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Kentucky Speedway

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The year 2000 was a huge milestone but it meant something even more special for race fans in Sparta, Kentucky. That’s when the massive 87,000 seat Kentucky Speedway opened its doors.

A simple yet dignified track with just one tri-oval configuration, the Kentucky Speedway has hosted NASCAR events in Truck Series, Xfinity Series, Firestone Indy Lights Series and IndyCar Series races.

In 2011 the facility earned its first race in the Monster Energy NASCAR Cup Series, the most elite division in racing. The event became the famous Quaker State 400 and the inaugural race was won by Kyle Busch on July 9, 2011.

This article is going to dive into the speedway’s nearly two-decade history including stats, highlights, records and lots more. Let’s start with a few key facts about the Kentucky Speedway.

Kentucky Speedway

Fast Facts:

  • Location: Sparta, Kentucky
  • Project broke ground in 1998 and opened for business in 2000.
  • Owned and operated by Speedway Motorsports, Inc.
  • Track Types: 1.5 mile (2.4 km) tri-ova (asphalt)
  • Oval turns: 4; Turns 1 and 2 banked 17 degrees | Turns 3 and 4 banked 14 degrees | Tri-oval banked 8-10 degrees
  • Straightaways: banked 4 degrees
  • Race lap record: 221.390 mph Sarah Fisher with team Dreyer and Reinbold Racing, 2002 (IndyCar Series)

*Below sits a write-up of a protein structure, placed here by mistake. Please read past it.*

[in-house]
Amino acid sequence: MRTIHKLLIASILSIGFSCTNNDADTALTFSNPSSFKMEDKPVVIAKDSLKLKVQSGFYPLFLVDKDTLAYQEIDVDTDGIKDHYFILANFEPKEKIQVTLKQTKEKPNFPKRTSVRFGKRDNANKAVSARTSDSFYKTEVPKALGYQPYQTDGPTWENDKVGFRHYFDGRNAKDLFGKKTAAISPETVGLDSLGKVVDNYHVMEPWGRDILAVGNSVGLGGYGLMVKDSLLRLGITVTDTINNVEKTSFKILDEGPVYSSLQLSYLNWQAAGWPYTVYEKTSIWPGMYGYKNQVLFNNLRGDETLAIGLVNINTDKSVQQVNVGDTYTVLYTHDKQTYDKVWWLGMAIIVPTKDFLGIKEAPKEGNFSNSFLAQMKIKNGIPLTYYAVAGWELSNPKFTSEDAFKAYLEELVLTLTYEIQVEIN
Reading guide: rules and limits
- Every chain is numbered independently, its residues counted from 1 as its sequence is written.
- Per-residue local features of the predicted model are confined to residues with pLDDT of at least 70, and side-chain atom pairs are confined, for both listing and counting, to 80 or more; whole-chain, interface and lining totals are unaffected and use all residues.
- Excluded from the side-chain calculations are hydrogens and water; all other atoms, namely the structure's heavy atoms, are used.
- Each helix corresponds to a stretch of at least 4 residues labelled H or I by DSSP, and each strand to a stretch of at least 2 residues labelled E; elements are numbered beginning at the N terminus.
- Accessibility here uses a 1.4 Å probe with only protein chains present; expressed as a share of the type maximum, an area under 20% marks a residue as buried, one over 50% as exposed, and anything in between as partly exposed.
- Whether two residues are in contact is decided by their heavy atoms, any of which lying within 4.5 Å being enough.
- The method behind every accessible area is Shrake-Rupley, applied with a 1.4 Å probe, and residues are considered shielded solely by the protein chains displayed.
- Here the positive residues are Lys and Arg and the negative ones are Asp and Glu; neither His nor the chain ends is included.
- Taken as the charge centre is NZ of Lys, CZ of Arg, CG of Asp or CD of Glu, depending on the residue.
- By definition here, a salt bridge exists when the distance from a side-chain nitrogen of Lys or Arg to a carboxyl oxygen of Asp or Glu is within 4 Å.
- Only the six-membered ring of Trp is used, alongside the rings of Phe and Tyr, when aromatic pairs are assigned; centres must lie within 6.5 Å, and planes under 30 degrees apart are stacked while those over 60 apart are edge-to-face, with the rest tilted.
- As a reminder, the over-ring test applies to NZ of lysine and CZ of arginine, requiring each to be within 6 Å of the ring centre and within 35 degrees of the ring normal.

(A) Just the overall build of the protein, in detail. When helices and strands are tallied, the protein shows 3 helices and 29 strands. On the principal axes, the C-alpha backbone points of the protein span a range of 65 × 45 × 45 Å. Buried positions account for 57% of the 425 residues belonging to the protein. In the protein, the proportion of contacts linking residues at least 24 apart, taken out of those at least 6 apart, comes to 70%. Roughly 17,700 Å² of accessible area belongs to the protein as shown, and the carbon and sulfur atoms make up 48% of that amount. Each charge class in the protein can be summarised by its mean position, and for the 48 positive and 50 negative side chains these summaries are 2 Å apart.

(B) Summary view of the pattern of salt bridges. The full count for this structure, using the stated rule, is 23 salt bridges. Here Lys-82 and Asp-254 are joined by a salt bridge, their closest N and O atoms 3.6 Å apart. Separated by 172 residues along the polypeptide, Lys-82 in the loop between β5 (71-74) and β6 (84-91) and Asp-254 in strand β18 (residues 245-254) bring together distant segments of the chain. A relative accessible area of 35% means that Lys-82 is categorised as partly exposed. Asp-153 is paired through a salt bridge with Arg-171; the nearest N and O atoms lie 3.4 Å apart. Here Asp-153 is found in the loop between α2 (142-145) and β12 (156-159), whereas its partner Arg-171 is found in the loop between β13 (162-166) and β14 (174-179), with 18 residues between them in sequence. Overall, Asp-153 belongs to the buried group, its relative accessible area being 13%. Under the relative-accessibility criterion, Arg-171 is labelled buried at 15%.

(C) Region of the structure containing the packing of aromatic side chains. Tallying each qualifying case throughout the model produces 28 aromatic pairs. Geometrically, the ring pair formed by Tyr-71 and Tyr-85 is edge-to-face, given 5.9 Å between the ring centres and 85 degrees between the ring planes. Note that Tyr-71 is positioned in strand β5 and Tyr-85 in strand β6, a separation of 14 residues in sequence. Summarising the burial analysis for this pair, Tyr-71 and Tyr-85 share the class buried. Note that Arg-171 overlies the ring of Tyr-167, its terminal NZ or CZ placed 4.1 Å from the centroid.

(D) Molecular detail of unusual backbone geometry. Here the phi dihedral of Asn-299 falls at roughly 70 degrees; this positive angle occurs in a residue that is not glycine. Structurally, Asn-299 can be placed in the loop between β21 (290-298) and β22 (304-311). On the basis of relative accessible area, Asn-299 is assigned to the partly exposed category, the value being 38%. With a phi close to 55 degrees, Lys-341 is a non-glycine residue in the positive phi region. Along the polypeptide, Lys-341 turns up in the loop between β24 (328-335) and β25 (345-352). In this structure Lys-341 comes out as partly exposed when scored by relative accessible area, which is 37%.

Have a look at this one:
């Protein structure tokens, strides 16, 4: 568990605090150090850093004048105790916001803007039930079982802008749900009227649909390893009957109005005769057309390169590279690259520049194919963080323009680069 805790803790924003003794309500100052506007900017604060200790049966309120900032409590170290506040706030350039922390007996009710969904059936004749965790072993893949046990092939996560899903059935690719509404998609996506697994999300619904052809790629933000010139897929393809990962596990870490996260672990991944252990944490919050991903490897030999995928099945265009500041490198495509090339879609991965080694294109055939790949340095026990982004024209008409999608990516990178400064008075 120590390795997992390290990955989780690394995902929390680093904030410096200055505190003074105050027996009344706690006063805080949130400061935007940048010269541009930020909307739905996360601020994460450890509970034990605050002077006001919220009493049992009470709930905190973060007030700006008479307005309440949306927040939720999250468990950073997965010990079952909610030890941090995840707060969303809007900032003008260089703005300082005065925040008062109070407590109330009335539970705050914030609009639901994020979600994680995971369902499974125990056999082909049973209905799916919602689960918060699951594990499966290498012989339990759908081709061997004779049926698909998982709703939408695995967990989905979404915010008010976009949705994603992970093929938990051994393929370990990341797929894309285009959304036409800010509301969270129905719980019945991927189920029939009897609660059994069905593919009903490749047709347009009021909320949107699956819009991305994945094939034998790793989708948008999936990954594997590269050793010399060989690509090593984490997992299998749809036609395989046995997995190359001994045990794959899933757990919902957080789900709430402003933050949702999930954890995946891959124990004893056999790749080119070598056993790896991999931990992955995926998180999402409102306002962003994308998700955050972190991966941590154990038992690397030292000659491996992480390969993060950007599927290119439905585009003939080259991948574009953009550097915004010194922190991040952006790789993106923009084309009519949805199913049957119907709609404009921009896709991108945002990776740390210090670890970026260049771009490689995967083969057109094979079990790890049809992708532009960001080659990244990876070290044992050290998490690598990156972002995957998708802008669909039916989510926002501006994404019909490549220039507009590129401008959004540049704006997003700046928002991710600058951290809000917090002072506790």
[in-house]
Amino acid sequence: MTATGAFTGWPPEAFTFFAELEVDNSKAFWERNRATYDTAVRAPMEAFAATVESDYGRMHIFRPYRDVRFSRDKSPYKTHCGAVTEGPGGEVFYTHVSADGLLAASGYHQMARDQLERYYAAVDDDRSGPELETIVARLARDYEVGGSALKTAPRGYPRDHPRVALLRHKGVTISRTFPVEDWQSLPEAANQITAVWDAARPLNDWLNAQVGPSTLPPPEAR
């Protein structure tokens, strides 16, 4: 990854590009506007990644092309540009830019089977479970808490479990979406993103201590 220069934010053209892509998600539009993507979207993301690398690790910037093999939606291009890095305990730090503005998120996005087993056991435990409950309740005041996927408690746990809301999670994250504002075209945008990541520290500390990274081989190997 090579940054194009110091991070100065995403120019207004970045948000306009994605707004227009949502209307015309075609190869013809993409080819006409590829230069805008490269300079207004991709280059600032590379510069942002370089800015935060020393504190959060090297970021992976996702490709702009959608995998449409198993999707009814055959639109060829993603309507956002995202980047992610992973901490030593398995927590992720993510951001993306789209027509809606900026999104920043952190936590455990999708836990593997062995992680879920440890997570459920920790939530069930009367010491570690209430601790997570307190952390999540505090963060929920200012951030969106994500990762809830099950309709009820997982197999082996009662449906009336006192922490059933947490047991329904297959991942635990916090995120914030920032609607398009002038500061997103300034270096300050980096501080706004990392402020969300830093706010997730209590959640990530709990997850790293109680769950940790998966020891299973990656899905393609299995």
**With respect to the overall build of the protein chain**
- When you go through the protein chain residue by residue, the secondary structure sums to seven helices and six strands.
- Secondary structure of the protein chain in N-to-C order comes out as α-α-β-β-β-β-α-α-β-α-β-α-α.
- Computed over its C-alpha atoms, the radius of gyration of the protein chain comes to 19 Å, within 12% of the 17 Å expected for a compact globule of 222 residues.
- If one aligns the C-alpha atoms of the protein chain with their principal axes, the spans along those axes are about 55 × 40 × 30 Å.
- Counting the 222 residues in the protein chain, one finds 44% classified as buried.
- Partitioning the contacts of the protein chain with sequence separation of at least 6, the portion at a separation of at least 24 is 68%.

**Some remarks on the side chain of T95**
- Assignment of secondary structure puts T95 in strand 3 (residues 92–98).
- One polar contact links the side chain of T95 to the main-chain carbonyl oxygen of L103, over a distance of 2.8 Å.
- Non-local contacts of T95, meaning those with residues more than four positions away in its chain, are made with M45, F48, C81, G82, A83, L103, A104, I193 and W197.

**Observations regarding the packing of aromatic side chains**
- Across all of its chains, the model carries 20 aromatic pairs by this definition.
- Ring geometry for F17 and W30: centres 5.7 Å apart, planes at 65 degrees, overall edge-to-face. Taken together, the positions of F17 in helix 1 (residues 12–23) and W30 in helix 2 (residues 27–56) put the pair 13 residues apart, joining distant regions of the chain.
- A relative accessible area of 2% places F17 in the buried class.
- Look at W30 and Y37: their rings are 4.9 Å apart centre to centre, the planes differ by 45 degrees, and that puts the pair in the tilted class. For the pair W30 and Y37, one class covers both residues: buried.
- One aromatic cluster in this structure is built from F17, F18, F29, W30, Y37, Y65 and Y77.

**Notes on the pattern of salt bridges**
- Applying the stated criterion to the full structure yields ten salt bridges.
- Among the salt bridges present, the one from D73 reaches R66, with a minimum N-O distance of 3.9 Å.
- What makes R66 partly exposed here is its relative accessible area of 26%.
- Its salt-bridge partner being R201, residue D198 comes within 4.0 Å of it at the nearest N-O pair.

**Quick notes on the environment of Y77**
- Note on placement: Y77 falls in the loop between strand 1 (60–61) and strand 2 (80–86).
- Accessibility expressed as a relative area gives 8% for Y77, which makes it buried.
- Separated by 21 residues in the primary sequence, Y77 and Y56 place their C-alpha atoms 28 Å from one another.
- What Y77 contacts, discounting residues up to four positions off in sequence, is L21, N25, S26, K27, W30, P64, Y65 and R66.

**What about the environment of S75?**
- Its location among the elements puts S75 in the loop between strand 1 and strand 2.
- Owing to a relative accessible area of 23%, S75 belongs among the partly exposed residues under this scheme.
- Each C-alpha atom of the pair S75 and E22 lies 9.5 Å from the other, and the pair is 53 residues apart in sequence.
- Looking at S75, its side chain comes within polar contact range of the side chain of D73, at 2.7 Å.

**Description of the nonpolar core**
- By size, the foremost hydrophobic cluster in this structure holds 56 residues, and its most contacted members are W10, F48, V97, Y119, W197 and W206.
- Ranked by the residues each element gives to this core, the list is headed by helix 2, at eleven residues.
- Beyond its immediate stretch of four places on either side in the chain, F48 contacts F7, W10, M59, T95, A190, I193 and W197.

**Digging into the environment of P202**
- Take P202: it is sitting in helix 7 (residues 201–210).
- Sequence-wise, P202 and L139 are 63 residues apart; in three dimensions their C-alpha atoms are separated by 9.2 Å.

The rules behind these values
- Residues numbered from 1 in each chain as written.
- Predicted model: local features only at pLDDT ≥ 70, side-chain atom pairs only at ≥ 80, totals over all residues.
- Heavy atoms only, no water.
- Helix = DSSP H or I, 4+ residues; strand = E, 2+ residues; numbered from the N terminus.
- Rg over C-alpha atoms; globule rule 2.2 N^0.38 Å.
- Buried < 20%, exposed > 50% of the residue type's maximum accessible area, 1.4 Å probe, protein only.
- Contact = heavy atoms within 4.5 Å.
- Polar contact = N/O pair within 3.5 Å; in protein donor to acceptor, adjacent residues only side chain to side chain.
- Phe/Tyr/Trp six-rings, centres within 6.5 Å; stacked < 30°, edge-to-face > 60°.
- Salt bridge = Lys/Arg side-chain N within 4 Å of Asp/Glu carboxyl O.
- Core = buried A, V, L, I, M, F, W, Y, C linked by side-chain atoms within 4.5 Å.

• Capacity 87,000
  • Major Races – Monster Energy NASCAR Cup Series: Quaker State 400 presented by Advance Auto Parts | NASCAR Xfinity Series: Alsco 300 | NASCAR Gander Outdoors Truck Series: Buckle Up in Your Truck 225 | ARCA Racing Series: Crosley 150

Kentucky Speedway History

Some tracks struggle to find funding, especially at the beginning, but that definitely wasn’t the case for the Kentucky Speedway. When construction began on the project in 1998, there was already $153 million in investment just waiting to be spent.

Off the bat there was scheduled racing for ARCA Series and IndyCar Series and work to continue adding additional events didn’t cease. With roughly one year still remaining in construction, ownership was proud to add a NASCAR Gander Outdoors Truck Series event to the billing.

That first Truck Series race would be won by Greg Biffle which isn’t really surprising considering he had his name plastered over a ton of trophies during that era.

By the time the track’s second season of racing was to start, track ownership made yet another proud announcement, this time telling it’s fans to prepare for a Busch Series (now Xfinity Series) race on June 16, 2001. Kevin Harvick came away with the win in that one.

Legal Problems Dog Kentucky Speedway

Unfortunately, the next few years didn’t go quite so smoothly for the Kentucky Speedway.

In 2005 A three-year legal battle ensued between the speedway, NASCAR and the International Speedway Corporation. The track felt it was legally obligated to receive a Cup Series event and stated that it was listed in their initial terms and contract.

Eventually, with a judge ruling in the track’s favor, everyone believed that things would return to the status quo and the track would get its Cup Series race. Unfortunately, these things never seem to go as smoothly as anticipated and a counter-lawsuit caused the legal battle to continue for another two years.